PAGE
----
Ahold Delhaize’s Strategy Focuses on Acting Locally, Thinking Globally
Kevin Holt, CEO, Ahold Delhaize USA, emphasizes that its strategy has been built on the idea of being uniquely local in the neighborhoods that it serves.

“There’s a great deal of learning we’ve been able to pick up, and that’s all being applied then to the remodels as we go forward,” observes Holt. “But our intention is to continue to do the remodels. We’re looking at 50 to 60 remodels a year, [and] we’re at about 150.”

Over at sister banner Giant Food, a new digital marketplace, Ship2Me, is making its debut. The solution, according to Holt, “sits on the platform of Prism, which is our commerce platform, and its intention is for us to be able to offer an extended aisle. That extended aisle is made up of goods and services that will be important to consumers in their local communities around the needs that they have. An easy example … would be baby, pet, those kinds of things, where there are a great deal of assortments we could offer that we wouldn’t carry at the main store. So those assortments will be available, and for those consumers who have pets or have babies, they would be able to really benefit from that. As we build out our personalization, we would have that relationship with that consumer that would allow us then to curate those assortments uniquely for them, so that when you go to your homepage on whatever type of device that you have, it would … basically then curate for you the kinds of things that would be important to you for your shopping experience.”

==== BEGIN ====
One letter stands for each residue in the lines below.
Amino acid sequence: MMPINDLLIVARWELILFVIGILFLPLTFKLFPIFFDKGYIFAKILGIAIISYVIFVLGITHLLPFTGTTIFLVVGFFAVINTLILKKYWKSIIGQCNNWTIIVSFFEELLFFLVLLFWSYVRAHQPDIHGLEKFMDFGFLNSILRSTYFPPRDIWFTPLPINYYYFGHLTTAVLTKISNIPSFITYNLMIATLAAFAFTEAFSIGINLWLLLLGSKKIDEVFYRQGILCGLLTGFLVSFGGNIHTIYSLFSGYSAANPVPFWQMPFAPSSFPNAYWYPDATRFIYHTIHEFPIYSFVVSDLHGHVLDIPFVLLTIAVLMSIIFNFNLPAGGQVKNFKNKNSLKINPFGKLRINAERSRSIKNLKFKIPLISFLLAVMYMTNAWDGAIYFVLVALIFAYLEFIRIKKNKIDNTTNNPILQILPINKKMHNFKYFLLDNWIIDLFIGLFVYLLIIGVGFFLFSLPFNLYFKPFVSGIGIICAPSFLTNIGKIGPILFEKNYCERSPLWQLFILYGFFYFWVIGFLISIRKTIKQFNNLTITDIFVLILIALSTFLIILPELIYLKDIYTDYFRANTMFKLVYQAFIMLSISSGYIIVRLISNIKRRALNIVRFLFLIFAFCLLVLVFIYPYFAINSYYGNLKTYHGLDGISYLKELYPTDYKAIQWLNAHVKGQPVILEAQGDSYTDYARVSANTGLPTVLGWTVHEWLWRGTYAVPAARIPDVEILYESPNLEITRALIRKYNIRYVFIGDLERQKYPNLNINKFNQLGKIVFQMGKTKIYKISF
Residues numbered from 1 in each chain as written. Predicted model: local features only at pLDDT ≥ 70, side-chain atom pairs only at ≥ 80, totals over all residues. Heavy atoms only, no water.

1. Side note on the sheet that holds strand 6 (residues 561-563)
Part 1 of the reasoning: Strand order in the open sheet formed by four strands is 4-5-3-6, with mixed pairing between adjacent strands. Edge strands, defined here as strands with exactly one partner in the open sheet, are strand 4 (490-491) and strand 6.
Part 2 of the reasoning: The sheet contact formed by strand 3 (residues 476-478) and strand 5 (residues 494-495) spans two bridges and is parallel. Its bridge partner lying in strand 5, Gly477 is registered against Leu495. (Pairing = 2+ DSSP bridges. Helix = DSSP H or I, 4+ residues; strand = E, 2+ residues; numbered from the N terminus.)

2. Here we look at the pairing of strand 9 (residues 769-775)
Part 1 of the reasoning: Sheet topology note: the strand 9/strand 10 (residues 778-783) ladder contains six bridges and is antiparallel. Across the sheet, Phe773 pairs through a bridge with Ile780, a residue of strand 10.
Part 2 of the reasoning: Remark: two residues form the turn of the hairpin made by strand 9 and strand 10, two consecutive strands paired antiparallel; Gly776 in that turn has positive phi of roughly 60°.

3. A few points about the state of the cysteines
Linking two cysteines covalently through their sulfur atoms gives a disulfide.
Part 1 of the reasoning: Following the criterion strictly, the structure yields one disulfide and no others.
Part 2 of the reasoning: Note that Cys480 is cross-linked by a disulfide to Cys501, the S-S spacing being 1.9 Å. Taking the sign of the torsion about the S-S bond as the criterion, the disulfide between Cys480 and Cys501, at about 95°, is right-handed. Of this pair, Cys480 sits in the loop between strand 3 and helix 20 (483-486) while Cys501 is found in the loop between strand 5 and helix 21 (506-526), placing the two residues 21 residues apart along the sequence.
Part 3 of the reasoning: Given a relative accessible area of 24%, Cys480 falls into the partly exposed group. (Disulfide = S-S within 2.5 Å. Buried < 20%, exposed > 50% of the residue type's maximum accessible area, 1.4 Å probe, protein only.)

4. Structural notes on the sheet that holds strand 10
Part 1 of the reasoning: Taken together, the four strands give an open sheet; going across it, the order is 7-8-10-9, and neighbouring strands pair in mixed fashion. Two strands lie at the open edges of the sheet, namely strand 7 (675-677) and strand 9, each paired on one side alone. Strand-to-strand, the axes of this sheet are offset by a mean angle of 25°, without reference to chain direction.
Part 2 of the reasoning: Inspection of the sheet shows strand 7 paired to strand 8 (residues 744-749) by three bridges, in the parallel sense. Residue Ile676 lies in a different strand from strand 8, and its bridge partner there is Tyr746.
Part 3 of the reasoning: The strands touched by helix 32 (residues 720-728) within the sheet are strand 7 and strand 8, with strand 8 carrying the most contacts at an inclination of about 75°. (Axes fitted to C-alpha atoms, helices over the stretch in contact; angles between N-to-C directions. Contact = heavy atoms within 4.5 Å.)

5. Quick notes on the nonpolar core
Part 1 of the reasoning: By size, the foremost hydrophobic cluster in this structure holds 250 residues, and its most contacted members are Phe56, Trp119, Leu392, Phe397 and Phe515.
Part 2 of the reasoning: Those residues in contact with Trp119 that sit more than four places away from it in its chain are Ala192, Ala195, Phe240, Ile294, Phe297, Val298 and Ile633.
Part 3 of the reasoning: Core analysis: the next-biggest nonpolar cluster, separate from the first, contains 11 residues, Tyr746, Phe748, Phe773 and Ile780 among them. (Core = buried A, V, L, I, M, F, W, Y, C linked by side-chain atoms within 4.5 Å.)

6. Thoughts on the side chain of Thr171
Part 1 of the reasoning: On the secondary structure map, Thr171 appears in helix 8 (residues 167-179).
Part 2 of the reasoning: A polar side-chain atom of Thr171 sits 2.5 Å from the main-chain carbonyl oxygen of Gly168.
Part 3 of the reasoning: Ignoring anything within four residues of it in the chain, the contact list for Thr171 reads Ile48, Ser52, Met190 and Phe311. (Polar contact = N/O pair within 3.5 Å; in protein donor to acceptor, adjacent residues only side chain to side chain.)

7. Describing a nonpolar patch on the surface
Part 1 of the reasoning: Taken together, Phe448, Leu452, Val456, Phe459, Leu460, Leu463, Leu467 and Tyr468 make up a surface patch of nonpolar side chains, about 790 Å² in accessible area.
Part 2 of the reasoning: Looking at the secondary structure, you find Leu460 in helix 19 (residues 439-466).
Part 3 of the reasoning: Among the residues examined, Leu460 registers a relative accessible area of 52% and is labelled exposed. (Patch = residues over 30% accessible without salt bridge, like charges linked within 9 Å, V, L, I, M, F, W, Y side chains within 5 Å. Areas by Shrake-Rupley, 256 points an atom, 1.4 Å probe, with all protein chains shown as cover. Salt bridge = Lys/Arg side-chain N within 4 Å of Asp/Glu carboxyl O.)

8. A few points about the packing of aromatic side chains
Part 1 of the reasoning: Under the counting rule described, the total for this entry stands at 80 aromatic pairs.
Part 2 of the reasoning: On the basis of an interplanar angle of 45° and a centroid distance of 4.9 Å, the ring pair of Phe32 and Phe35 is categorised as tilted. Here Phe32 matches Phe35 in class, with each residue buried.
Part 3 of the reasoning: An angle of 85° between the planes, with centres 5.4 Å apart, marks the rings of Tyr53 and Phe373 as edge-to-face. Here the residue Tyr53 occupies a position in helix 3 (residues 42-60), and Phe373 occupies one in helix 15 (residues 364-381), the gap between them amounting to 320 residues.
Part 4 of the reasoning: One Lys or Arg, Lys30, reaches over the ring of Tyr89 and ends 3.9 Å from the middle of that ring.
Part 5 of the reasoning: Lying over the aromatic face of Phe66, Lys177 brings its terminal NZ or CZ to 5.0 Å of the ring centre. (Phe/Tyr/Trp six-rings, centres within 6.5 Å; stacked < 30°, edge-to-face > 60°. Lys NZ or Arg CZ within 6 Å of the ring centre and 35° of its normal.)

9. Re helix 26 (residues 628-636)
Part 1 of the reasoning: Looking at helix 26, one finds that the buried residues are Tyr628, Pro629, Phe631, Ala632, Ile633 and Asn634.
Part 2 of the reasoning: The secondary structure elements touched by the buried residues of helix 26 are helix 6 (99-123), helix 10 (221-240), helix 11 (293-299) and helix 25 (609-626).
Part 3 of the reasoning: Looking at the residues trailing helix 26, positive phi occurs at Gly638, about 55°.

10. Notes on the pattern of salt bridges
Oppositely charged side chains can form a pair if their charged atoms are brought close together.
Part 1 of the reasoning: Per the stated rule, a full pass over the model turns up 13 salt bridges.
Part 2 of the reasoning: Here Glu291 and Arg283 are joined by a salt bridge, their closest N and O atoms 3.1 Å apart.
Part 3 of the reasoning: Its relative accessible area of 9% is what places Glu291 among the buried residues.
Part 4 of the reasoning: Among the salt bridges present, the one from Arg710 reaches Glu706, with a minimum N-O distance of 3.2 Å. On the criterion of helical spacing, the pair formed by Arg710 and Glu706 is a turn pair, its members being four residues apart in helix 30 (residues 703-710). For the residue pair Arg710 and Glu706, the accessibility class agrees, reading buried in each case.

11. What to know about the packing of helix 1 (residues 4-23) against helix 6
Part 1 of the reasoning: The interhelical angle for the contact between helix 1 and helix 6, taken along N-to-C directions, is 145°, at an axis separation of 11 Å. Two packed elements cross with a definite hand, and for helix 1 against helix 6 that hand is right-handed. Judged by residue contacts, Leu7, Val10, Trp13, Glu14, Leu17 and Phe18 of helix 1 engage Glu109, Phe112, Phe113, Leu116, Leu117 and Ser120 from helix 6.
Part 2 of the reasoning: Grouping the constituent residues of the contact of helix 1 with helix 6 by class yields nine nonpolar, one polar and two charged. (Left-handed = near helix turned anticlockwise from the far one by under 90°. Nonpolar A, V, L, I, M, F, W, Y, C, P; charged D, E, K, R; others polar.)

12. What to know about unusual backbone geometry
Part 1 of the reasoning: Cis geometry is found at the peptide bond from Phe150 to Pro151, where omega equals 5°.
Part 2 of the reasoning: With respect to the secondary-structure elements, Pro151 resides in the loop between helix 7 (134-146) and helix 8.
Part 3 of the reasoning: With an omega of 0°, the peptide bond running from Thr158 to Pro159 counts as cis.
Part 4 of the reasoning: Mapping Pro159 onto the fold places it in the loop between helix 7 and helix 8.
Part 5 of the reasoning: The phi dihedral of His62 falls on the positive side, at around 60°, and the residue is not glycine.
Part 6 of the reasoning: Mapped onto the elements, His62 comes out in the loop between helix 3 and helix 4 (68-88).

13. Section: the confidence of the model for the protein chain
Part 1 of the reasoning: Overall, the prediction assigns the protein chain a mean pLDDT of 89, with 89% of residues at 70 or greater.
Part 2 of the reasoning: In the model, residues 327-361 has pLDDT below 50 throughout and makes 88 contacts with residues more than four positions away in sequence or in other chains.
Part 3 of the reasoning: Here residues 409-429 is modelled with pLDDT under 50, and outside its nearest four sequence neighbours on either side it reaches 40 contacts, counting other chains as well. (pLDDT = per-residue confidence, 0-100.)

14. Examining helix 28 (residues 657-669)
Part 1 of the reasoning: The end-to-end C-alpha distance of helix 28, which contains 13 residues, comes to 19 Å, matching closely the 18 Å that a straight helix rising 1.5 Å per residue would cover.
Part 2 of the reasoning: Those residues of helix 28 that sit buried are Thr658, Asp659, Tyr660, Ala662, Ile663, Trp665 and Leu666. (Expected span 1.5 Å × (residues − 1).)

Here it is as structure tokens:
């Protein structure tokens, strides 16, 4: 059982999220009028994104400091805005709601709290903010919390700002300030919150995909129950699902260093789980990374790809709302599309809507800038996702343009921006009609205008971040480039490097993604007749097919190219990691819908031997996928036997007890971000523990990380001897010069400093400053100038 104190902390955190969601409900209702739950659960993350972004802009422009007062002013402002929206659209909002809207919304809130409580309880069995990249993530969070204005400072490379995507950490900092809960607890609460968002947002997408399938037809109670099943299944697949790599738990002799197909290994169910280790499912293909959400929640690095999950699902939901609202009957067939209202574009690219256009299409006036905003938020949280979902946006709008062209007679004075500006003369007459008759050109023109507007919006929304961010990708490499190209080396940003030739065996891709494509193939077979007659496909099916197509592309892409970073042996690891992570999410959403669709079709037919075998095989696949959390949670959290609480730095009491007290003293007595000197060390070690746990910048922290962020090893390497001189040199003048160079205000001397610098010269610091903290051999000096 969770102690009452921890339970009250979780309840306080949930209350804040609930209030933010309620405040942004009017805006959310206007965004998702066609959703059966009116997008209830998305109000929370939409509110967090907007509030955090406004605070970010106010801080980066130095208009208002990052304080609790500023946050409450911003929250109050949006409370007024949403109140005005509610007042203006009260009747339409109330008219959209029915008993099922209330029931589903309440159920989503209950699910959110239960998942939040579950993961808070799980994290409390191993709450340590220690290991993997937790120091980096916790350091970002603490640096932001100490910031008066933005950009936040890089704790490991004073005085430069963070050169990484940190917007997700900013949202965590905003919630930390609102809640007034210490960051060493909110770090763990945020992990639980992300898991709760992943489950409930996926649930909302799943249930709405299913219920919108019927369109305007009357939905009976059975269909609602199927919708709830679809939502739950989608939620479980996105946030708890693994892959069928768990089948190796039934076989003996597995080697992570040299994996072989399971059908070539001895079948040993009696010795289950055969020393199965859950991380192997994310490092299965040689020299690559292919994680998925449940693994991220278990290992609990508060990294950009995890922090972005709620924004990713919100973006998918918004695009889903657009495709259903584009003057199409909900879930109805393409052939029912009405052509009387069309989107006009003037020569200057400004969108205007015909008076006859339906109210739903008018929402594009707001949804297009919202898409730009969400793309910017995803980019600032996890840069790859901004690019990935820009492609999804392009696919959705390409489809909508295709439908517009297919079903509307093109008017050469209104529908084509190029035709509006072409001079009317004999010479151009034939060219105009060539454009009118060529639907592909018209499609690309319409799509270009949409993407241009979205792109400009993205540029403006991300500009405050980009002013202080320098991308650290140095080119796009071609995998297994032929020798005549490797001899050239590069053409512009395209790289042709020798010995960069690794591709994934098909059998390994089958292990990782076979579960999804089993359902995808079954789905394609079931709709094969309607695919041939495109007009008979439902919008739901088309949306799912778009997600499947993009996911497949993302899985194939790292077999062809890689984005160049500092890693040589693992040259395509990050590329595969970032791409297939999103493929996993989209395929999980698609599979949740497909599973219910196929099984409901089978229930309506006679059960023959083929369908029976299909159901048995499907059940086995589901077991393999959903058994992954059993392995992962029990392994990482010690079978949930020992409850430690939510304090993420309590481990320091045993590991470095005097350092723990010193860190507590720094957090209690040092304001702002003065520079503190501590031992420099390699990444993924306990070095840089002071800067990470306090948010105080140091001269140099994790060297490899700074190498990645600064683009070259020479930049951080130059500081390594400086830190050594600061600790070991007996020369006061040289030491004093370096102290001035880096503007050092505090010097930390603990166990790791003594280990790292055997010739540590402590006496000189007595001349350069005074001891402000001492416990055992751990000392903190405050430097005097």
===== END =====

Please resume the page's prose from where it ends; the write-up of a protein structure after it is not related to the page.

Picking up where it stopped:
Ahold Delhaize boasts such cutting-edge innovations at its facilities as space-saving 3D grids with totes full of fresh and nonperishable items at the new Giant Co. EFC.

Asked what future plans for Ship2Me entail, Holt replies: “Longer term, we also see adding into it services of local operators and potentially looking at partnerships and those kinds of things. Also, featuring some of our local growers and that kind of thing with products and so on that they might build that are unique to them that we could actually fulfill, and we might not carry all of those in our store. So that’s the idea behind how we’re thinking about that. We will be taking that across all of the Prism brands. So, as we roll Prism out everywhere, we will have the extended aisle available to all of them.”

Still, that solution would be tailored to each brand. “Our entire strategy has been built on, and continues to be built on, the idea of being uniquely local in the neighborhoods that we serve and being able to really resonate the attributes of our brands,” emphasizes Holt. “That’s why we’ve kept our brands all independent. We haven’t put the same name across them all, because we really believe they’re uniquely different. At the same time, we’re trying to build that scale and leverage on the platform level in order to be able to get the investments that we can do through value unlocks, and so we’re well on our way to achieving that.”